Don Pearson: That's a good perspective. Someone else? Yeah, go ahead, Jean, jump in.
Jean-Paul Moniz: I think from my perspective, I like to... To me, I kinda hate the word “Digital Transformation” because, from my perspective, it's more of a Digital Evolution. You know what I mean? You sit there... And we've spent the last 15 years automating our processes, and so with the goal of automation. But then, as technology evolves and as new use cases show up after you go through the automation of the process, and then you're sitting there looking for your next gain, whether it's through continuous improvement or other means or whatnot. You're looking for the next opportunity to sit there and find an advantage and whatnot. And to me, I look at it with the lens of evolution. Some of the things that we're doing now, we couldn't do 20 years ago, but then I sit there and look back, like Dan, I spent some time in automotive too, and we were doing aisle in-line vehicle sequencing back in the early 2000s. So to me, I look at it as more as an evolution and sort of technology adoption. And then I sort of throw on the lens of technology adoption curves, and that sort of explains how we have some of this disparity in the industry where you have some industry leaders out there doing all the right things. And then you got a lot of laggards out there that are sitting there just trying to figure out what to do.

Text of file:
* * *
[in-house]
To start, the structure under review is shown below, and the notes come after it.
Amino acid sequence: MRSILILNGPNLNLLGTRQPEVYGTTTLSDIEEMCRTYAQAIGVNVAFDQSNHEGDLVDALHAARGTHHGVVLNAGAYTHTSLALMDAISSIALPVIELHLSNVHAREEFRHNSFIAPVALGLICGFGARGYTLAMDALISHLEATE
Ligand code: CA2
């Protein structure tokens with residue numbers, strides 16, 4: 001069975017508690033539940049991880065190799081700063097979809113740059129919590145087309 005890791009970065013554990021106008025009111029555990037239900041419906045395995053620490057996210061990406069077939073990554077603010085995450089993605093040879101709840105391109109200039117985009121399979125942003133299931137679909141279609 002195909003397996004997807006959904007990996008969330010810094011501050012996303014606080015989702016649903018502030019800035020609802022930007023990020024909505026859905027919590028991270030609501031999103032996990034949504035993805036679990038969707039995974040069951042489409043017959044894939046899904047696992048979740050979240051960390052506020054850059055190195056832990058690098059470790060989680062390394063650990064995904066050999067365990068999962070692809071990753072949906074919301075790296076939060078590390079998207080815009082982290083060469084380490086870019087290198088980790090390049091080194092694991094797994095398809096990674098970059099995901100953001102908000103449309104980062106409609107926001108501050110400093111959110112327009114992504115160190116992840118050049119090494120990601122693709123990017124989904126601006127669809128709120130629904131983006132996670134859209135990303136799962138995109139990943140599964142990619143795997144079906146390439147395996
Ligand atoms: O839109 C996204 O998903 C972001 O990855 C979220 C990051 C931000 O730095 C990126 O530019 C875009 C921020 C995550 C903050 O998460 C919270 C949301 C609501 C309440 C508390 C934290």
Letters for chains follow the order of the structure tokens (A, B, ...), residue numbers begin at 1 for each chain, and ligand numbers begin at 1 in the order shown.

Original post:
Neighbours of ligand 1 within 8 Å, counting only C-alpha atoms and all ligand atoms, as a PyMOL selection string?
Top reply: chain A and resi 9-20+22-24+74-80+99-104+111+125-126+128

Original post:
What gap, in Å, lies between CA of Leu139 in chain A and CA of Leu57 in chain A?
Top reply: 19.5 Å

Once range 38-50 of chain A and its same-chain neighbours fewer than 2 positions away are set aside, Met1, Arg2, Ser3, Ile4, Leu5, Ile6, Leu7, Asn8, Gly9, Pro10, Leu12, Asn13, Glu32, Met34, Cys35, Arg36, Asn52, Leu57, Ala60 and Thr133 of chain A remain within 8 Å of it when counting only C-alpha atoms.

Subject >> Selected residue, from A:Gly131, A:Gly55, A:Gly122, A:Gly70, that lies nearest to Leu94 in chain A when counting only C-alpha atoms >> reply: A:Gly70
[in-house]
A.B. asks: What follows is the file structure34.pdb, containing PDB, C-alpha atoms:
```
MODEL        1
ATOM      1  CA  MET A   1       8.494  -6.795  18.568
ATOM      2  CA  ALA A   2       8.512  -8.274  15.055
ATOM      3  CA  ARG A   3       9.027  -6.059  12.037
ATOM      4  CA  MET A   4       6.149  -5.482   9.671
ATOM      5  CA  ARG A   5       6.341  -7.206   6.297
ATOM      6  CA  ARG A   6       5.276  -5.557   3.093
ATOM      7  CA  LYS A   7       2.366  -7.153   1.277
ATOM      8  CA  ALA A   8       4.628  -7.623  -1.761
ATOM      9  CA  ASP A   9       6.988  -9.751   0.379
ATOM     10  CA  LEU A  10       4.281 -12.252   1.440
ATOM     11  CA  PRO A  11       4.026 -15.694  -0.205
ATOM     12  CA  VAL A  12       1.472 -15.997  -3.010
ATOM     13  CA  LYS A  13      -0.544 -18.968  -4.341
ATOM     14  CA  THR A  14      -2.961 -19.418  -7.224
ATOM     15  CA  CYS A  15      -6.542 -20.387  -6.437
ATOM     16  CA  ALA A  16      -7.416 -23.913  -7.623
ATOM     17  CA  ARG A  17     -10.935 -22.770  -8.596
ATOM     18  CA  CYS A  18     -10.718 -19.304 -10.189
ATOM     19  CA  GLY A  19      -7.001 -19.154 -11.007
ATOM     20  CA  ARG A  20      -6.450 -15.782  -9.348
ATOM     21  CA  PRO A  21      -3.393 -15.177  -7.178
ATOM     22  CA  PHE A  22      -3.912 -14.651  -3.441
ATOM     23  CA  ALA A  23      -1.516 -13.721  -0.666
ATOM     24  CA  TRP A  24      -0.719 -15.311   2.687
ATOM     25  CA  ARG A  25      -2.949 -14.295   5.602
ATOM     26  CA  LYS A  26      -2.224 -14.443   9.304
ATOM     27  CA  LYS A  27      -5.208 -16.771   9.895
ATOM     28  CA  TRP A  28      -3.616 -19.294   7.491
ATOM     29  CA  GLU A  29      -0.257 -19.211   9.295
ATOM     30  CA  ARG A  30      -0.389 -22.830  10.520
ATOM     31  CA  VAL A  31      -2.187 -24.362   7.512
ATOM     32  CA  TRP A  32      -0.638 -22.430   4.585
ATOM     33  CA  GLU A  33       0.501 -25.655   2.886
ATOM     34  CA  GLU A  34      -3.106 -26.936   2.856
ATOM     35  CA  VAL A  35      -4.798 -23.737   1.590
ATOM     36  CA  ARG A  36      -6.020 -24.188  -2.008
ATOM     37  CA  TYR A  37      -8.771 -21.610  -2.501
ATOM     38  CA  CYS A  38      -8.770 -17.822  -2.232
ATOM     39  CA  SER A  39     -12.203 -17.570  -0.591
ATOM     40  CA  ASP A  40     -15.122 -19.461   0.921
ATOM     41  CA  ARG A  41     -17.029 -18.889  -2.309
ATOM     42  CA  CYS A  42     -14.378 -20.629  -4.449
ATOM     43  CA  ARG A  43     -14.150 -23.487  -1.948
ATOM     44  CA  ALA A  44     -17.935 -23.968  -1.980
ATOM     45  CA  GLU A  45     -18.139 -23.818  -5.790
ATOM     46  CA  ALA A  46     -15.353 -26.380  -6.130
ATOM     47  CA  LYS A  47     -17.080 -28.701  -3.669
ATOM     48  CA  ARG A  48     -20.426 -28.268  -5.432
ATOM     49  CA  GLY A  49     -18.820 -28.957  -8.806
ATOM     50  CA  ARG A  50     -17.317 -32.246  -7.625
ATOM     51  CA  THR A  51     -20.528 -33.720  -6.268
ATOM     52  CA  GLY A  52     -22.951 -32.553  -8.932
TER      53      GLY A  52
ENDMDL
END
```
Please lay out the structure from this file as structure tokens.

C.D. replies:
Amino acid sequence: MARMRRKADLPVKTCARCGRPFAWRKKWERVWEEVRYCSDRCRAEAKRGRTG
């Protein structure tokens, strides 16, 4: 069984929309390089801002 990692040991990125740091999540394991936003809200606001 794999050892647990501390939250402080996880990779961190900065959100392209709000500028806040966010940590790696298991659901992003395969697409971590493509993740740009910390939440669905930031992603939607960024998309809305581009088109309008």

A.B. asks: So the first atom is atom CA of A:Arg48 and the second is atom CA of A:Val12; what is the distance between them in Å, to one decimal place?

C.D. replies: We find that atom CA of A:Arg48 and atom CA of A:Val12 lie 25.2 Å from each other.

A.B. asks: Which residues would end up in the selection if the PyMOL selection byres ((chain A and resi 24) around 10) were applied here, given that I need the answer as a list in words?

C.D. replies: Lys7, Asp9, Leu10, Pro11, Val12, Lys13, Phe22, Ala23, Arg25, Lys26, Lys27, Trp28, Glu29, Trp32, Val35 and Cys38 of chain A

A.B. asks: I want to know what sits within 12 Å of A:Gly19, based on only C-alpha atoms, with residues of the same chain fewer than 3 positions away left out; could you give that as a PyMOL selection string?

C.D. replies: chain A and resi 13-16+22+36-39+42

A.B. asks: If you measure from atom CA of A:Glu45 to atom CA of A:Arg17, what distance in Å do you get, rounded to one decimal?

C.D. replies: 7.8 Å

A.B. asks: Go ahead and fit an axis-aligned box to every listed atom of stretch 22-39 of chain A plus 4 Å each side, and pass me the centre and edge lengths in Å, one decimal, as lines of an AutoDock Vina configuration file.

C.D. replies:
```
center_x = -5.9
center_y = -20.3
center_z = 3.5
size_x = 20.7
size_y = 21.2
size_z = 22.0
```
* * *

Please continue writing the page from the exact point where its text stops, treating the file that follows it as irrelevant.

Don Pearson: Sure. Anybody else wanna make any comment on that? Craig?